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Movies, Books, Briefing Papers Used to Prepare Reagan for Summit

November 11, 1985

WASHINGTON (AP) _ President Reagan’s staff has been loading him down with books, briefing papers, personality profiles, videotapes and even Russian movies to prepare him for his summit meeting next week with Soviet leader Mikhail Gorbachev.

But aides say Reagan’s own convictions and the almost daily talks they have had with him on other pre-summit events seem to have had the most effect on his thinking.

″He has read books for quite a while now,″ said one White House official involved in helping the president get ready for the summit. ″We’ve given him books and articles on the Soviet economy, trade, historical, the role of the Soviet military, the KGB, domestic issues, foreign trade.″

But that official and others, all of whom agreed to discuss Reagan’s pre- summit work on condition they not be identified, said the president’s general views about the Soviet Union have been formed over a quarter century and aren’t likely to be changed during the period they call ″the run up to the summit.″

″His ideas are firm,″ one adviser said. ″He’s supplementing those with exposure to a variety of opinions from experts.″

The White House obtained a copy of a Russian movie called ″Moscow Without Tears″ for the president to watch.

″It gives a very good insight of Soviet life, of a professional couple in Moscow,″ said one official who had seen it and had lived in Moscow. ″It is very close to reality and shows some of the flaws and some of the good points of Soviet society.″

Aides said Reagan also has been shown videotapes of Gorbachev’s public appearances, particularly those he has made in Britain and France, and has seen videotapes ″on the Soviet people and personalities.″

″He is reading biographic assessments of each one of the people he’s going to be meeting with,″ one official said, and he has briefing papers on the Soviet Union’s the top leaders, Communist Party structure, the role of the party and how it interacts at the various levels of society.″

Reagan also has spoken by telephone with former President Richard M. Nixon, who sent him a 20-page memo on East-West issues and his own experiences and the summit. Presidential spokesman Larry Speakes said Reagan also planned to talk to former Presidents Jimmy Carter and Gerald R. Ford, although an attempt to set up a meeting with his three living predecessors fell through.

The president has dined with Soviet experts from the academic world and has spoken more than once with Suzanne Massie, an author who told him about her many trips to the Soviet Union and her observations about the people there.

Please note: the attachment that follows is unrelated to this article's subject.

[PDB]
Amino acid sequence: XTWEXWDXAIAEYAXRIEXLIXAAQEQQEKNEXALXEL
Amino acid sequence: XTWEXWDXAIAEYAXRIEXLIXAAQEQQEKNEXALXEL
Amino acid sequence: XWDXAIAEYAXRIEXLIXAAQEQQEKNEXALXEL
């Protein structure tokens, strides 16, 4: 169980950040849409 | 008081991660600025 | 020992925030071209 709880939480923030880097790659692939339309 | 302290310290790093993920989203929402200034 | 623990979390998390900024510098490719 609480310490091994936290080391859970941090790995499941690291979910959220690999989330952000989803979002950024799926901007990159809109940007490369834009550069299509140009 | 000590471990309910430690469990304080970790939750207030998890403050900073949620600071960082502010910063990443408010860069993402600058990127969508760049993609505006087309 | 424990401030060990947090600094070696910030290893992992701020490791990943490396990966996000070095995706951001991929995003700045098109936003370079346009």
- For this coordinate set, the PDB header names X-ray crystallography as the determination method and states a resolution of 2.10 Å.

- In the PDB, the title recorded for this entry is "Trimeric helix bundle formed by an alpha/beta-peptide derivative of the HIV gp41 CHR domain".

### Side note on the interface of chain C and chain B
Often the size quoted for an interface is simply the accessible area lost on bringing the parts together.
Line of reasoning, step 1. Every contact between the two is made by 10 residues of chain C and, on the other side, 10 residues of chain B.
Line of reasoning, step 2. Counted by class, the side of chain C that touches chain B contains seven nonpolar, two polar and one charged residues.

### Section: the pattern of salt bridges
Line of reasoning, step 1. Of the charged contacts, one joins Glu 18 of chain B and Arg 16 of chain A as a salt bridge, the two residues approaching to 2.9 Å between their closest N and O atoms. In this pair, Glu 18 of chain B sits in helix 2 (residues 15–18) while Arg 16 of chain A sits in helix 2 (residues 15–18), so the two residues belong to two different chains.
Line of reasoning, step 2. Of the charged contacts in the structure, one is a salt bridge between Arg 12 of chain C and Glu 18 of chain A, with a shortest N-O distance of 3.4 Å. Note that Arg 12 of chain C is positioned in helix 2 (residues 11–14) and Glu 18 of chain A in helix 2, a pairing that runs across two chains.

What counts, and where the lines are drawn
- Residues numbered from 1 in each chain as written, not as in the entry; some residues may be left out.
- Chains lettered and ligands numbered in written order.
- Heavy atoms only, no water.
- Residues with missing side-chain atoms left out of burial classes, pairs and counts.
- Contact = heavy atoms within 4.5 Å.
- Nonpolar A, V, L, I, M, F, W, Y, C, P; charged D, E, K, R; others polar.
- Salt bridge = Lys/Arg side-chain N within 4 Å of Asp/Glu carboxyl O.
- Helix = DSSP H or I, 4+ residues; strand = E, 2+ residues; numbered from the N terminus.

And before each meeting with reporters or an outside group, Reagan sits down with his advisers to go over the points they expect him to cover and raise questions they think he will be asked. Going over and over the issues in successive ″prebriefs,″ as they’re called seems to be the most effective method of presenting the issues to the president, one participant said.

But Reagan has revealed little in his public remarks about what he has learned in his preparations.

In one interview, he remarked that he had ″been told that in the Russian language there isn’t even a word for freedom.″ Speakes said later Reagan had been made aware the word for freedom in Russian is ″svoboda.″

And on policy issues, such as his own program to design a space shield to protect the world against nuclear weapons, Reagan has made contradictory statements about the circumstances under which he would deploy such a system, which remains hypothetical inasmuch as the technology does not now exist to build it.

But Reagan’s advisers profess to be unconcerned about his apparent inattention to detail on some of the issues to be discussed at the summit.

″He’s not a Jimmy Carter-David Stockman type,″ said one, referring to two men renowned for their ability to absorb and recall minute details of complex issues. ″But he does have his warhead numbers down, and he knows the comparative missile strengths now.″

″My goodness, they’re not negotiating a treaty,″ said another White House aide. ″It isn’t a court of law. I think the bigger issue is whether they’re able to communicate as two human beings. That will be the measure of success.″

And Reagan himself told Western news agency correspondents he intends to leave the figures on the various arms control proposals to his negotiators at the Geneva arms talks and not attempt to discuss the fine points of those matters with Gorbachev.

Some Reagan aides perceive a danger in overpreparation of the president, which was blamed last year for his stumbling performance in the first campaign debate with Democratic presidential contender Walter F. Mondale. When they ″let Reagan be Reagan″ in the second encounter, he came away with much better reviews.

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EDITOR’S NOTE - Michael Putzel is chief White House correspondent for The Associated Press.